Methylxanthines reduced extubation failure (RR, 0.48; 95%CI, 0.32-0.71; NNT, 4; 95%CI, 2-7) compared with placebo or no treatment. Ok, pretty much anyone working in Neonatology would assume this but what really is at the crux of the discussion in 2016 and beyond is “what dose?” It has been pretty clear during my career thus far that there are some preterm infants that just don’t respond to conventional doses of caffeine base from 2.5 – 5 mg/kg/d. In our own units we have increased doses to 6, 7 or 8 mg/kg/d to achieve some degree of respiratory stimulation and usually been limited by tachycardia in determining how high we can go. Given the sparse literature regarding safety on this topic we are relegated to ask ourselves what is worse, leaving a baby on a ventilator or using higher doses of caffeine? I have given some thoughts on this before as well Are we overdosing preemies on caffeine?
Doxapram did not aid successful extubation (RR, 0.80; 95% CI, 0.22-2.97). For selfish reasons I have to admit I was happy to see this. We can’t access this medication very easily here in Canada so hearing that it doesn’t seem to work to enhance the likelihood of a successful extubation is somewhat of a relief.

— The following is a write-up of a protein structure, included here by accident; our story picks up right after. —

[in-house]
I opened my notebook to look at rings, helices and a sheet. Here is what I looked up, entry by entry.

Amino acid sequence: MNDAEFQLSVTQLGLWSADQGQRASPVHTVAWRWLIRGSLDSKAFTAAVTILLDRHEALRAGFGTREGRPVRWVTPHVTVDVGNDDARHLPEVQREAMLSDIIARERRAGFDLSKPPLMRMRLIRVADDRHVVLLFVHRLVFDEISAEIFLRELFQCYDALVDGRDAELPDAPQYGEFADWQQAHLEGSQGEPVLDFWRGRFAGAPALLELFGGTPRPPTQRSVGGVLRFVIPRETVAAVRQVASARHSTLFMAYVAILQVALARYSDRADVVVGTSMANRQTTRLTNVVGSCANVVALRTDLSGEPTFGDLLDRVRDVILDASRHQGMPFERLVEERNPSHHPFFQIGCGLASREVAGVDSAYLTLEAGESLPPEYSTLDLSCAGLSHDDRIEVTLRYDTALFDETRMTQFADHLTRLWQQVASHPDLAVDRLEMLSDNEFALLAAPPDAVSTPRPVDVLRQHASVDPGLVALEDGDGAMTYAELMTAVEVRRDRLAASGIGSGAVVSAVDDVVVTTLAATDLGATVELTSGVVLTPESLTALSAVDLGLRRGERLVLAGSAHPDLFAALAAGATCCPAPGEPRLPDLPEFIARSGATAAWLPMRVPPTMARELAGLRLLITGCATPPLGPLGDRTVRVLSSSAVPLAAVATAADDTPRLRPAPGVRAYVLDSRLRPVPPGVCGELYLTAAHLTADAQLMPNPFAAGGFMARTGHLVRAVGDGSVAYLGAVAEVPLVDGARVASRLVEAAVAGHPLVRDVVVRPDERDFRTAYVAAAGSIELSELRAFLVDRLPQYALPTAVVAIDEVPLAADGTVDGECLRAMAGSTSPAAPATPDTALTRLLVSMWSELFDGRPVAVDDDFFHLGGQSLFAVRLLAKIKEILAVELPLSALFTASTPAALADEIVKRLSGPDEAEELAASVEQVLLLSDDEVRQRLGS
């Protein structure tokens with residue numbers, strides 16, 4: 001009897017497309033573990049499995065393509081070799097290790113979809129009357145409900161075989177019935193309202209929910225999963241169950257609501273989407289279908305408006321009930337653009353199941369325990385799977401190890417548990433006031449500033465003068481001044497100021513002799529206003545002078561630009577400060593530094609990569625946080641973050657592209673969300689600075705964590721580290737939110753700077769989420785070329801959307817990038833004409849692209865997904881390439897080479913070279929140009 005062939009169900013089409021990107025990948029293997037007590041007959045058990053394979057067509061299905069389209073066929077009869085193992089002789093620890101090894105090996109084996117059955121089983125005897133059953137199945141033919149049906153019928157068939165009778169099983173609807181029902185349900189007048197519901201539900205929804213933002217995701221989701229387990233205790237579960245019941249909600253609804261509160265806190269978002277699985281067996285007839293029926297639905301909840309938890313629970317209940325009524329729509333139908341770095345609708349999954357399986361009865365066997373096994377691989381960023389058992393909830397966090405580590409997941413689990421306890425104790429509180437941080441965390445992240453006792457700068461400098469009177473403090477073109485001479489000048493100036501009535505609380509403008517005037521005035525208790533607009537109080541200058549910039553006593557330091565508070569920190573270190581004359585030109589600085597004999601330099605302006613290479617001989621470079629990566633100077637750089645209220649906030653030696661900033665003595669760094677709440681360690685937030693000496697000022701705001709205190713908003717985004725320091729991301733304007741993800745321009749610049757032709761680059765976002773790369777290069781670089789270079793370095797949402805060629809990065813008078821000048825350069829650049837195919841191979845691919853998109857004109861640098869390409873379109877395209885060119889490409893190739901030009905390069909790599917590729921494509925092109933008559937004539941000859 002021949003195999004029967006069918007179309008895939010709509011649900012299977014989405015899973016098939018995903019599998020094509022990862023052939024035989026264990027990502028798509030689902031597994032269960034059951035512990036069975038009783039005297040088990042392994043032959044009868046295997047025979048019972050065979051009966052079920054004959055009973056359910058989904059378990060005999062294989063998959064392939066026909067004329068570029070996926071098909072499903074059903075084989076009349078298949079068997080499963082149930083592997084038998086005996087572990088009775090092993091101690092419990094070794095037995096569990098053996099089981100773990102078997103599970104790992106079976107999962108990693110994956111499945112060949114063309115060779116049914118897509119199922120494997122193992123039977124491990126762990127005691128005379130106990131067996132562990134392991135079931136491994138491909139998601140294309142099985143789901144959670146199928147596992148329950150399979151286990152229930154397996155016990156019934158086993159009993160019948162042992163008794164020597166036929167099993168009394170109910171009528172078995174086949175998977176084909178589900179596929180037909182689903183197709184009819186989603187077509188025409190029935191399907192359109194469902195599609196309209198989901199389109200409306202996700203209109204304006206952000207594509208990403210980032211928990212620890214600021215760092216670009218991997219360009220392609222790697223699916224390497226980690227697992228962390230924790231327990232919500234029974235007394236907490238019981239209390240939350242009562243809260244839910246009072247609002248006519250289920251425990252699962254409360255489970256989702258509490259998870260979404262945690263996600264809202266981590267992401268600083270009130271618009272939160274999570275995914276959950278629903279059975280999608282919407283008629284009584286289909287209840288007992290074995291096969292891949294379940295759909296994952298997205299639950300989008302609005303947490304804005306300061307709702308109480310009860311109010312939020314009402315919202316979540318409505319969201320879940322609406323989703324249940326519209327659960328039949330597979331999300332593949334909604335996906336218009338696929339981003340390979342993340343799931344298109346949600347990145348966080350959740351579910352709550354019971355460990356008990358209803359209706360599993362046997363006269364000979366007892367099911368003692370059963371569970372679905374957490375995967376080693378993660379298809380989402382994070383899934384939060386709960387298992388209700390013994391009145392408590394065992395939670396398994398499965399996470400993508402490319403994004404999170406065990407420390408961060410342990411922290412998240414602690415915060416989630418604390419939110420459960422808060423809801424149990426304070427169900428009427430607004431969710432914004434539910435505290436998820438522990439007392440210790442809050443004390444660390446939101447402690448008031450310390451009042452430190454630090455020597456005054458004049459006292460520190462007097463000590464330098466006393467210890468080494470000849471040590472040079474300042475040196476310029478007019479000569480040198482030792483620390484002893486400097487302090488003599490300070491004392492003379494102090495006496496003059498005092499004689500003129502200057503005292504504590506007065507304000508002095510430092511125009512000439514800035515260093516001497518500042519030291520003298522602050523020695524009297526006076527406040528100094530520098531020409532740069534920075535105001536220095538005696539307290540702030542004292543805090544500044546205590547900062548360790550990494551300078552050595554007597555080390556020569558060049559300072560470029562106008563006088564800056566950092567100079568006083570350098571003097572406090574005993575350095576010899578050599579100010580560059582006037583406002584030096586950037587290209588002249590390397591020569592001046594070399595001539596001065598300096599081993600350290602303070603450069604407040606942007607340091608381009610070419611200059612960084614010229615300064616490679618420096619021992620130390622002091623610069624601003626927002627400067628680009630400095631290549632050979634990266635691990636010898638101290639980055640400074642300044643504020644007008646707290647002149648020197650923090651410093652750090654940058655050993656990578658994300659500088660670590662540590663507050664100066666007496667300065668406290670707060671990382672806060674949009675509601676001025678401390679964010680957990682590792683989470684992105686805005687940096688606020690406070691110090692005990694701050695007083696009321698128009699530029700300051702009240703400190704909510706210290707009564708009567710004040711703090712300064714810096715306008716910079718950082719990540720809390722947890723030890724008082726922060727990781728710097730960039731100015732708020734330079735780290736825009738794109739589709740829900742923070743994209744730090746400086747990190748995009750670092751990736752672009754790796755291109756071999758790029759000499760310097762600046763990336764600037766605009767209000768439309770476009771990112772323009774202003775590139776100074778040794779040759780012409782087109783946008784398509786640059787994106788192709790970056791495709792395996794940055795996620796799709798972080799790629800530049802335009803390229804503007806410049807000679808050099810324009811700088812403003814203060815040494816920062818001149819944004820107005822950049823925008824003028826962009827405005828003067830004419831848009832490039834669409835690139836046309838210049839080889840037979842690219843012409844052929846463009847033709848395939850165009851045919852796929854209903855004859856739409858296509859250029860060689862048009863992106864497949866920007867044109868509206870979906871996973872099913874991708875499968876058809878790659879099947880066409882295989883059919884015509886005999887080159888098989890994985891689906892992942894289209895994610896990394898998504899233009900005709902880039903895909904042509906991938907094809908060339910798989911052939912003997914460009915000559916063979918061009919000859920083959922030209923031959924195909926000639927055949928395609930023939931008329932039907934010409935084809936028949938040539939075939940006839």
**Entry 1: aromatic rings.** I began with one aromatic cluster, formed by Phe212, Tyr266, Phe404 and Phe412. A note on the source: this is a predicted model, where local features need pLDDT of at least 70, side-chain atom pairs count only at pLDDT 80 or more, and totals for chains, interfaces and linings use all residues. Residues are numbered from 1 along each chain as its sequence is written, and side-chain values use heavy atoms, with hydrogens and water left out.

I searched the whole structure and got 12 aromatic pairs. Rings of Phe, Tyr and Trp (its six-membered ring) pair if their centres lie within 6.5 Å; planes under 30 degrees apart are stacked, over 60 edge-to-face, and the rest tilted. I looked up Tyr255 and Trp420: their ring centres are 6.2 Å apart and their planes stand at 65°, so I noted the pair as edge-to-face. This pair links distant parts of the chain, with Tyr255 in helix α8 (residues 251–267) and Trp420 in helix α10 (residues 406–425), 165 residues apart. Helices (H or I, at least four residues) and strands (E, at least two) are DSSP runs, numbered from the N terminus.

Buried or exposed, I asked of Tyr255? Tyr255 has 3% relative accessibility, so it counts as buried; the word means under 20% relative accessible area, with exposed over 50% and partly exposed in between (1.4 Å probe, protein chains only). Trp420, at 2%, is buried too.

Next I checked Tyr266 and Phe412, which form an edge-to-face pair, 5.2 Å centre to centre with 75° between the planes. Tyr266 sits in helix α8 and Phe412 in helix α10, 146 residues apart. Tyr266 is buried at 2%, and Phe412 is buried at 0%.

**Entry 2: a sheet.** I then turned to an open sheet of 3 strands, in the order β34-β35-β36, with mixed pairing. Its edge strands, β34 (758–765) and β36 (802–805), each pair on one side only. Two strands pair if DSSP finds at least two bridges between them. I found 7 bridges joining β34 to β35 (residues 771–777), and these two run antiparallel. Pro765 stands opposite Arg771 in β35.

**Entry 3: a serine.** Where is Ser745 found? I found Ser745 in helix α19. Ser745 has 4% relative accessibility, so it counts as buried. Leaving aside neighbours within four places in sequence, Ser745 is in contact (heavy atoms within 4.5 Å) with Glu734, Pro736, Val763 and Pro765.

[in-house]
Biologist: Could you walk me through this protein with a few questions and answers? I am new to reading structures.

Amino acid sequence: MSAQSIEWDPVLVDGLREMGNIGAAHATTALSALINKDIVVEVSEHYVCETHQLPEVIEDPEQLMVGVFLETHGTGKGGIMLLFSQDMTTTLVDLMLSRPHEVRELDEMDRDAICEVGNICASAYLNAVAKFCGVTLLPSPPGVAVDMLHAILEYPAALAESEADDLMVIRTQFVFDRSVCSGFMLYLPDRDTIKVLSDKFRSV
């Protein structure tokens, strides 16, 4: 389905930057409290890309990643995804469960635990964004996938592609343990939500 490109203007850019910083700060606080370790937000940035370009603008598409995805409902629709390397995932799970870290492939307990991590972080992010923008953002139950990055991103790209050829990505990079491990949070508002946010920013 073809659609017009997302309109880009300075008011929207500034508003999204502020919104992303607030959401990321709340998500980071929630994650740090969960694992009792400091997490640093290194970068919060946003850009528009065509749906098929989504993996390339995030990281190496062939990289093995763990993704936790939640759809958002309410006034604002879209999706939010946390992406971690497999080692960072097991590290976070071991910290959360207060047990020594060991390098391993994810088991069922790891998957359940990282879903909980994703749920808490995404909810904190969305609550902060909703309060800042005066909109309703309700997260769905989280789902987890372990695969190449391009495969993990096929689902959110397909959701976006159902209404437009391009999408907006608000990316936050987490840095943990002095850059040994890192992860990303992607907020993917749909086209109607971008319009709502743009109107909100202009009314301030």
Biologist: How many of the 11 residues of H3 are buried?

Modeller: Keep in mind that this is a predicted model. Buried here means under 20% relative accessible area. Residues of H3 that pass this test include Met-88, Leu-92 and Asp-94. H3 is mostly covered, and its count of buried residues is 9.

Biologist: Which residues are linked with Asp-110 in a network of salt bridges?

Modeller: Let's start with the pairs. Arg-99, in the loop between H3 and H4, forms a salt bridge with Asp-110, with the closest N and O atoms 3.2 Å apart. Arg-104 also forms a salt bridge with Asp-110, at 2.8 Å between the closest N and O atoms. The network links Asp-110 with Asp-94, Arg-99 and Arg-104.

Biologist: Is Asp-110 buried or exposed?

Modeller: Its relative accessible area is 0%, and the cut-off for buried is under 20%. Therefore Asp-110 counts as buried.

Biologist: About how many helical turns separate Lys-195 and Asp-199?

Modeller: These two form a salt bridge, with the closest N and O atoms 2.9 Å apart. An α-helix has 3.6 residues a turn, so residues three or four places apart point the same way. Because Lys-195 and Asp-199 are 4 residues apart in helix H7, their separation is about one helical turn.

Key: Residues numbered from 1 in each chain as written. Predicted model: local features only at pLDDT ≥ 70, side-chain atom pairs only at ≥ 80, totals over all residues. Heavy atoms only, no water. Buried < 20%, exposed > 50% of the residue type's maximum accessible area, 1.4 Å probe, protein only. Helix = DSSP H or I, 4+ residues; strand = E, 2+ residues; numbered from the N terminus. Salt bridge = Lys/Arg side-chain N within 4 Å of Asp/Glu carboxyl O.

A Cautionary Note
While I applaud the authors of the systematic review for performing such a thorough job I do feel the need to raise one concern with the analysis. It is not a major concern but one that I just feel the need to mention. Success if the studies was defined as not requiring reintubation within 7 days of extubation. My concern is that having such a lengthy time frame leaves the possibility that the decision to reintubate had nothing to do with the patient in fact not being ready. Seven days is a long time and much can happen in the life of a preterm infant in an NICU that triggers a reintubation. What if a patient needed to be transferred to a different NICU and for safe air transport it was deemed safest to replace the ETT? How many patients could have developed NEC or sepsis in the seven days? What if a PDA was being semi-electively ligated after a failed NSAID course?
In the end the impact of such conditions could be minimal but I am less convinced that a patient failed extubation when up to 7 days have passed. I would be very interested to see a similar study looking at a period of 24 or 48 hours after extubation and seeing how many stay that way. Would the predictors of success stay the same? Probably but I suspect the number safely extubated would rise as well.